5. 5.

    Although there is a large number of classical and contemporary authors whose dramatic works can be classified as political theater (Bertolt Brecht, Arthur Adamov, Dario Fo, Augusto Boal, among others), which characterized the dramatic style of the theater of intervention in France after May 1968, a new method of collective writing emerged, by members of companies based on research on social problems of the time.

  6. 6.

    The Cartoucherie, located in the city of Vincennes (France), became an emblematic place for intervention theater in the seventies, when the actors of companies such as The Theater du Soleil, L’Épée de Bois and L’Aquarium built their theaters and consolidated their artistic projects. At present, it remains one of the most recognized theaters in France.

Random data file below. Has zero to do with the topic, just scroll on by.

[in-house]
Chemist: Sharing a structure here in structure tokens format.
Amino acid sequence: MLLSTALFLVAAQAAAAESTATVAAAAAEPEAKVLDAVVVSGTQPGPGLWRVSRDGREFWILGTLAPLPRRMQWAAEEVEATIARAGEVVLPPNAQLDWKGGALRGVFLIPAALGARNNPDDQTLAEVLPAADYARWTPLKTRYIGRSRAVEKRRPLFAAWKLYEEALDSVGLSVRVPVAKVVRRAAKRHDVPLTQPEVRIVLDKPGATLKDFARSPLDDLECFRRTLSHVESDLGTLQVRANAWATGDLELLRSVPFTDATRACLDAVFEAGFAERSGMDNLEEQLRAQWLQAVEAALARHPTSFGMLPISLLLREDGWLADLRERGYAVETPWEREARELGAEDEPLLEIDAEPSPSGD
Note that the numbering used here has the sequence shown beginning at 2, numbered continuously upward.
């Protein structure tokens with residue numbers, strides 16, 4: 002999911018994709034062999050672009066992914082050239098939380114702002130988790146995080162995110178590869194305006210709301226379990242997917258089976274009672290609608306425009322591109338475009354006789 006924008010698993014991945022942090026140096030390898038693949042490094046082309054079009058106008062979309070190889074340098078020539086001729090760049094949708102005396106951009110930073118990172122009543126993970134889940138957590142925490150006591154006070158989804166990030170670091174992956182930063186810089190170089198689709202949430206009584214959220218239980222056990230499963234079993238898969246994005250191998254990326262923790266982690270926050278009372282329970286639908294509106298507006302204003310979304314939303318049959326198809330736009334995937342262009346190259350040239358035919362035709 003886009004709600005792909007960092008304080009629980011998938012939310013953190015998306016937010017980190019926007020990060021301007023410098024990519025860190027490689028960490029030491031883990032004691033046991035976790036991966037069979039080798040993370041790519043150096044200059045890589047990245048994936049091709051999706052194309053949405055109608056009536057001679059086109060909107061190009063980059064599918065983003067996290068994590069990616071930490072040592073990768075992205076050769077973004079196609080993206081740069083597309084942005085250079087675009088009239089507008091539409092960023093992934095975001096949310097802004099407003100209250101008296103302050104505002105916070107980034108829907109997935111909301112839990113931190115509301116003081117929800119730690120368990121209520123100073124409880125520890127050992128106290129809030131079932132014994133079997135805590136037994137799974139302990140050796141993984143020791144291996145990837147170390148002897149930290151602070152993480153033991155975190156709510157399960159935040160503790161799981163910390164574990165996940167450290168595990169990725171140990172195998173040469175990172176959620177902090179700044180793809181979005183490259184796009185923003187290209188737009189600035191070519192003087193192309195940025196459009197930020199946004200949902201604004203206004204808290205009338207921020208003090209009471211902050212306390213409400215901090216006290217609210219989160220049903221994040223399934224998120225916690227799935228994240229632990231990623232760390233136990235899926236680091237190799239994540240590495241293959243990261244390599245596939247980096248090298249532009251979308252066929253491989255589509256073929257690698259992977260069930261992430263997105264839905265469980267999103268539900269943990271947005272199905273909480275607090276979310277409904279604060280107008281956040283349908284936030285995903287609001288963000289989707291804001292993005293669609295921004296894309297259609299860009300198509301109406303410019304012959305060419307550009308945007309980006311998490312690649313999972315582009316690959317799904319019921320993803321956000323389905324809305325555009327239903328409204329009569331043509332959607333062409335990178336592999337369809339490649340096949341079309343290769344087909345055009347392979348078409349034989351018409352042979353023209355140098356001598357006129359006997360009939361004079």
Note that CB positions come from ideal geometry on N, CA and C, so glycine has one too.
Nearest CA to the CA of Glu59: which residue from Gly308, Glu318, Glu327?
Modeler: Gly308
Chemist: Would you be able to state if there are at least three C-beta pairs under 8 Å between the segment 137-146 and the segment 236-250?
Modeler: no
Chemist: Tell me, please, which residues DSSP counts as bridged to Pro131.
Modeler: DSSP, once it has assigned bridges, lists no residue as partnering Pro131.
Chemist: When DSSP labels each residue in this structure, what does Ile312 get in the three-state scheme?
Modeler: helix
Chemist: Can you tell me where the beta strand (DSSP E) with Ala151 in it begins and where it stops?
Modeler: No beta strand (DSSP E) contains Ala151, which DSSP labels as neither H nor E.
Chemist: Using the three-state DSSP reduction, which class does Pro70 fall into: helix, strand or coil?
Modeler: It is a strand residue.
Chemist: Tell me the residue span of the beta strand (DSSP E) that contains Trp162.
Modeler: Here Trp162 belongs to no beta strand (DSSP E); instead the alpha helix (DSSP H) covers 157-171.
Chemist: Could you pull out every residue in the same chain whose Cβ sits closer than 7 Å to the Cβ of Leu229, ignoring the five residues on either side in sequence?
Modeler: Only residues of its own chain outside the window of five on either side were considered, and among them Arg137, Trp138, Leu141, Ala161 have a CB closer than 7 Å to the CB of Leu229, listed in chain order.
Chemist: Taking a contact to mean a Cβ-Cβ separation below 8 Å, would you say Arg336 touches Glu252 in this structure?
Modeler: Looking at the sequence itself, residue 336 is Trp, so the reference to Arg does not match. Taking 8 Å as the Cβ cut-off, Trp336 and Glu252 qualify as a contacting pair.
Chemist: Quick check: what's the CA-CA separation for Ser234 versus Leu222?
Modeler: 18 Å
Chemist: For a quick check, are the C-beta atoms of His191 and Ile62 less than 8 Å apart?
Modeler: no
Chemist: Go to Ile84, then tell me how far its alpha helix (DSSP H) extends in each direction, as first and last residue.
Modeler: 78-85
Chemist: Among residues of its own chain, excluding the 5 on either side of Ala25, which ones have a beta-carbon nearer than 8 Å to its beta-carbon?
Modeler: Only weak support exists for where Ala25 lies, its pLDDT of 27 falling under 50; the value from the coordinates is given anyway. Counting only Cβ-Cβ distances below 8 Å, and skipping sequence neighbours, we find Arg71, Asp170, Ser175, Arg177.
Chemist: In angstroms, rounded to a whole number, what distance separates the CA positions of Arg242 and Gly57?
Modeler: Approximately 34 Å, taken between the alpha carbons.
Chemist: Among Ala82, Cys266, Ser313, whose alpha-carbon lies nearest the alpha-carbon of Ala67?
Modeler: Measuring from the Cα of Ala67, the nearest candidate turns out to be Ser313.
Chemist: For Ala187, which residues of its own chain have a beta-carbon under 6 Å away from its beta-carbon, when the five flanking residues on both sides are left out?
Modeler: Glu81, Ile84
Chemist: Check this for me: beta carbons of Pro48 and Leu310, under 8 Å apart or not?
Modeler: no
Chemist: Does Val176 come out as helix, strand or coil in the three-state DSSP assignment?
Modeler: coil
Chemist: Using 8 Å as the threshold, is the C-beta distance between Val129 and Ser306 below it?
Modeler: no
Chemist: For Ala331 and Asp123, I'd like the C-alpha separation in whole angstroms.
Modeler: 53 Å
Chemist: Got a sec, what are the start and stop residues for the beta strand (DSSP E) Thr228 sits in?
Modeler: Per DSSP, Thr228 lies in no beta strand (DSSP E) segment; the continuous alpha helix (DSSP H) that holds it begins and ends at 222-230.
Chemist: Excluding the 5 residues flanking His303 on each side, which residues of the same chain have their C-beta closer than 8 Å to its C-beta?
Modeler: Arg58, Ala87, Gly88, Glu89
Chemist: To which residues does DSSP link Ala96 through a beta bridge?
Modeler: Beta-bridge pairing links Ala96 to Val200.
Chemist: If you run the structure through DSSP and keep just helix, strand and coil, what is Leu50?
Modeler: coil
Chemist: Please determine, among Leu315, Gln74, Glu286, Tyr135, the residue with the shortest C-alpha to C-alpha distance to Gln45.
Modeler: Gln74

7. 7.

    Antonio Díaz Florian, an actor and director of Peruvian origin, in 1969 founded the Workshop of L’Épée de Bois (The wooden sword) in Paris, an experimental theater group that later became the Theater L’Épée de Bois. In addition, he had been an actor in works directed by the influential Ariane Mnouchkine, founder of Théâtre du Soleil, and has directed a score of works, among which are some of his own, such as La Soufrière (2001) and El mata “Che” (2008), and others by classic authors such as García Lorca and Molière.

  8. 8.

    The title of the poem by Prévert La crosse en l’air could be translated into English as The Rifle Butt in the Air, a pacifist expression that alludes to the soldier who in the heat of battle renounces killing his enemy.